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Table 1.  

Demographic Age-standardized average incidence, 1992–2002 Age-standardized incidence, 2018 Absolute increase in age-standardized incidence Age-standardized incidence risk ratio, 2018 to 1992–2002 baseline (95% CI) Increase in age-standardized incidence, %
Age group, y, not standardized
   0–4 0.03 0.01 −0.03 0.16 (0.02–1.19) −83.52
   5–14 0.02 0.01 −0.01 0.48 (0.15–1.54) −51.61
   15–24 0.07 0.19 0.12 2.80 (2.19–3.57) 179.80
   25–34 0.18 0.75 0.58 4.30 (3.79–4.88) 330.31
   35–44 0.38 1.97 1.59 5.15 (4.74–5.59) 414.89
   45–54 0.66 4.12 3.46 6.28 (5.91–6.69) 528.44
   55–64 1.02 6.52 5.50 6.39 (6.05–6.75) 539.14
   65–74 1.42 7.66 6.24 5.40 (5.11–5.70) 439.63
   75–84 1.57 8.52 6.96 5.44 (5.07–5.84) 444.13
   ≥85 1.49 9.69 8.20 6.50 (5.82–7.27) 550.35
   M 0.63 3.66 3.04 5.86 (5.67–6.05) 485.55
   F 0.35 1.86 1.50 5.29 (5.06–5.53) 429.22
   Native American or Alaska Native 0.26 1.27 1.01 4.93 (3.51–6.93) 392.94
   Asian or Pacific Islander 0.14 0.56 0.42 4.03 (3.19–5.10) 303.18
   Black or African American 0.47 5.21 4.74 11.04 (10.39–11.73) 1003.95
   White 0.37 1.99 1.61 5.30 (5.12–5.49) 430.15
Northeast 0.68 4.82 4.14 7.04 (6.70–7.40) 604.10
   New England 0.61 4.33 3.72 7.10 (6.40–7.87) 610.04
   Middle Atlantic 0.71 5.00 4.30 7.07 (6.69–7.48) 606.98
South 0.33 1.97 1.64 5.97 (5.67–6.29) 497.23
   South Atlantic 0.44 2.29 1.85 5.24 (4.91–5.59) 423.54
   East South Central 0.32 2.05 1.73 6.40 (5.63–7.27) 539.66
   West South Central 0.15 1.36 1.21 9.15 (8.10–10.34) 815.03
Midwest 0.67 4.10 3.43 6.13 (5.85–6.42) 513.06
   East North Central 0.77 5.01 4.24 6.48 (6.16–6.82) 548.02
   West North Central 0.42 2.04 1.62 4.81 (4.29–5.40) 381.38
West 0.29 0.99 0.70 3.39 (3.11–3.68) 238.50
   Mountain 0.43 1.07 0.64 2.47 (2.15–2.83) 146.55
   Pacific 0.23 0.95 0.72 4.13 (3.71–4.59) 312.91
United States 0.48 2.71 2.23 5.67 (5.52–5.83) 467.30

Table. Magnitude of increase in age-standardized incidence of Legionnaires’ disease, cases/100,000 population, from 1992–2002 (average) through 2018, United States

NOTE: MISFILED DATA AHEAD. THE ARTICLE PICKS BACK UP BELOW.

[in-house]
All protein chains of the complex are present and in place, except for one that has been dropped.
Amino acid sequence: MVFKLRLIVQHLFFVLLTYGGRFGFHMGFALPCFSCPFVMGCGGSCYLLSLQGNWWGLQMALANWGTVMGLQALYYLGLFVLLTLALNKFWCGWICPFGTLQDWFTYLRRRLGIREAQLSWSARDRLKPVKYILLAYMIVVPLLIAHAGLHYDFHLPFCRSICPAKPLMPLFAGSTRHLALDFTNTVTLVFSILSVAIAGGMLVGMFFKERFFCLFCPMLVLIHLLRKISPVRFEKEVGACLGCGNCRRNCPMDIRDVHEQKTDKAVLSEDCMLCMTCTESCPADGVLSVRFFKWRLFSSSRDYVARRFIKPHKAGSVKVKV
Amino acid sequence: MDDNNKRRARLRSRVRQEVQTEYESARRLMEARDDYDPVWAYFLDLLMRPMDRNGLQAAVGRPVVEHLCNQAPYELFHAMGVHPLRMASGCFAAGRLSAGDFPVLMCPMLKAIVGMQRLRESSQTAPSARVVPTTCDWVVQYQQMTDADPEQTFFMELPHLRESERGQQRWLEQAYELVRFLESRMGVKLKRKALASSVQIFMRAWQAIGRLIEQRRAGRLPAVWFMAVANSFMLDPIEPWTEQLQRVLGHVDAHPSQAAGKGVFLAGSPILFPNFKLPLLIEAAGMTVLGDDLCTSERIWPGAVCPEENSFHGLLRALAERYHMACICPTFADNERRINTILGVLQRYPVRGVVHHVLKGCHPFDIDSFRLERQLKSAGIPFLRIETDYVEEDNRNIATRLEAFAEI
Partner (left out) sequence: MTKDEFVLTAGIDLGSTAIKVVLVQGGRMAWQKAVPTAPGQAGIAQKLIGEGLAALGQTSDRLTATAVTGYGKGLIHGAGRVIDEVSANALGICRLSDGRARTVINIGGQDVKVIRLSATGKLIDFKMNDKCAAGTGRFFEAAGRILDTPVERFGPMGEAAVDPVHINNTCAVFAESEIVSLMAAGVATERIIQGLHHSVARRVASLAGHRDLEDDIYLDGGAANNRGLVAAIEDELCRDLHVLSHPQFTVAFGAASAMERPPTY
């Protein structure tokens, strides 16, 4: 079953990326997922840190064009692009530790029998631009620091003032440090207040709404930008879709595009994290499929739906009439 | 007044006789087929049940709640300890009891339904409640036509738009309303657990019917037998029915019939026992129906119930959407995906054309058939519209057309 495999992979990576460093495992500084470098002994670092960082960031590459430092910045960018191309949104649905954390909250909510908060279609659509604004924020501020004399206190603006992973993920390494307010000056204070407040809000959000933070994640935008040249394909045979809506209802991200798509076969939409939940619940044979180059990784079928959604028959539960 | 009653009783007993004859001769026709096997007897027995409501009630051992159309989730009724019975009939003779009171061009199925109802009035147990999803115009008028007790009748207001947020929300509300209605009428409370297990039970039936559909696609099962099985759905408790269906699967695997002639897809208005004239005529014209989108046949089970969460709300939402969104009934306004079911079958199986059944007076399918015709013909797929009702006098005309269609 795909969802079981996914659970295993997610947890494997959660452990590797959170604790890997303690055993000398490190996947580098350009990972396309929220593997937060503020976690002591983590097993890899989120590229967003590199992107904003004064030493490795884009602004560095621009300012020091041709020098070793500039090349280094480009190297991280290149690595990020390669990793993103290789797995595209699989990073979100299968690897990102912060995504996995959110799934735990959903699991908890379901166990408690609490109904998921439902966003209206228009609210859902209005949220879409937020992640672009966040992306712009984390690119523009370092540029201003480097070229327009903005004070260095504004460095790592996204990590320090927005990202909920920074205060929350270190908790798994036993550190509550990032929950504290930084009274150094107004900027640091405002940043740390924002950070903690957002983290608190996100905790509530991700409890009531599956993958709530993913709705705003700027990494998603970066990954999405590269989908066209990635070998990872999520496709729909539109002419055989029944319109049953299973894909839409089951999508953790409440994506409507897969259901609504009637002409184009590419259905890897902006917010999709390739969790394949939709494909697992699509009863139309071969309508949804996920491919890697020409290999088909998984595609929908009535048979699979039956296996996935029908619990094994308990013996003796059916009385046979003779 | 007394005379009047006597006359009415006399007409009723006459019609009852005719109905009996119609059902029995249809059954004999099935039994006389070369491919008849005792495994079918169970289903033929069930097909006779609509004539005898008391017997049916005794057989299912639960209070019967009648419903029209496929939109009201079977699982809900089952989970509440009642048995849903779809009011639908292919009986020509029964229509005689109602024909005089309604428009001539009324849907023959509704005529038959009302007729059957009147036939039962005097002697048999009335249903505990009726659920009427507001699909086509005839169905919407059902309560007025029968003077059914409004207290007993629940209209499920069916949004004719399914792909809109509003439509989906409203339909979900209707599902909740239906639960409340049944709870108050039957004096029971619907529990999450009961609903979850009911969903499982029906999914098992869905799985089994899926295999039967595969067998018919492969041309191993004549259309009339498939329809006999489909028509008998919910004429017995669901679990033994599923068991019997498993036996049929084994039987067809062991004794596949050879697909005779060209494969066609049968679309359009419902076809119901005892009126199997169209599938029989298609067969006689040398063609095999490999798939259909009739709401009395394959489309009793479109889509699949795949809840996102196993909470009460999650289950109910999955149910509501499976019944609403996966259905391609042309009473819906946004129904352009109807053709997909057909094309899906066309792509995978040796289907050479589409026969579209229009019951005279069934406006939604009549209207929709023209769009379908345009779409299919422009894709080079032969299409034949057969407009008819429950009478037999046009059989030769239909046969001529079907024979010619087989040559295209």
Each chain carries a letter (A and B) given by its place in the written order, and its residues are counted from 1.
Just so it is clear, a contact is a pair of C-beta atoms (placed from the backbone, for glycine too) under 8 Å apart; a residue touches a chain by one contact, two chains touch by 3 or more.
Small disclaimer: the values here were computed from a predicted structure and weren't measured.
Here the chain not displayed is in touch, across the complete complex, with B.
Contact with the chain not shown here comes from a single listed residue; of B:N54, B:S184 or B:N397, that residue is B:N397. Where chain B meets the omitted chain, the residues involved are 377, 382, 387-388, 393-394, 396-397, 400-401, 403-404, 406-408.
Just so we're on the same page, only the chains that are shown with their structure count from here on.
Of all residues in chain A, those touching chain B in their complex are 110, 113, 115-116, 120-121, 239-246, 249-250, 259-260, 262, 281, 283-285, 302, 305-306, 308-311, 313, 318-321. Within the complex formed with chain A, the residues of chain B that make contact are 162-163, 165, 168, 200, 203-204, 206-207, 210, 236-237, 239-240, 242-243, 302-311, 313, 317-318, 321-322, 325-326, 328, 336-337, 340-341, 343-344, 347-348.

*Ethnicity was not analyzed because data were missing for 30.4% of cases.


Rising Incidence of Legionnaires’ Disease and Associated Epidemiologic Patterns, United States, 1992–2018

  • Authors: Albert E. Barskey, MPH; Gordana Derado, PhD; Chris Edens, PhD
  • CME / ABIM MOC Released: 2/17/2022
  • Valid for credit through: 2/17/2023, 11:59 PM EST
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Target Audience and Goal Statement

This activity is intended for infectious disease specialists, primary care physicians, and other physicians who care for patients at risk for LD.

The goal of this activity is to assess the epidemiology of LD in the US over the past 3 decades.

Upon completion of this activity, participants will:

  1. Analyze trends in the incidence of Legionnaires' disease (LD) according to age
  2. Assess trends in the incidence of LD according to sex
  3. Evaluate trends in the incidence of LD according to race
  4. Distinguish the geographic regions and seasons associated with the highest rates of LD


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  • Albert E. Barskey, MPH

    Centers for Disease Control and Prevention
    Atlanta, Georgia

  • Gordana Derado, PhD

    Centers for Disease Control and Prevention
    Atlanta, Georgia

  • Chris Edens, PhD

    Centers for Disease Control and Prevention
    Atlanta, Georgia

CME Author

  • Charles P. Vega, MD

    Health Sciences Clinical Professor of Family Medicine
    University of California, Irvine School of Medicine


    Disclosure: Charles P. Vega, MD, has disclosed the following relevant financial relationships:
    Served as an advisor or consultant for: GlaxoSmithKline; Johnson & Johnson Pharmaceutical Research & Development, L.L.C.


  • Jill Russell, BA

    Emerging Infectious Diseases


    Disclosure: Jill Russell, BA, has disclosed no relevant financial relationships.

CME Reviewer

  • Leigh A. Schmidt, MSN, RN, CMSRN, CNE, CHCP

    Associate Director, Accreditation and Compliance
    Medscape, LLC


    Disclosure: Leigh A. Schmidt, MSN, RN, CMSRN, CNE, CHCP, has disclosed no relevant financial relationships.

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Rising Incidence of Legionnaires’ Disease and Associated Epidemiologic Patterns, United States, 1992–2018

Authors: Albert E. Barskey, MPH; Gordana Derado, PhD; Chris Edens, PhDFaculty and Disclosures

CME / ABIM MOC Released: 2/17/2022

Valid for credit through: 2/17/2023, 11:59 PM EST



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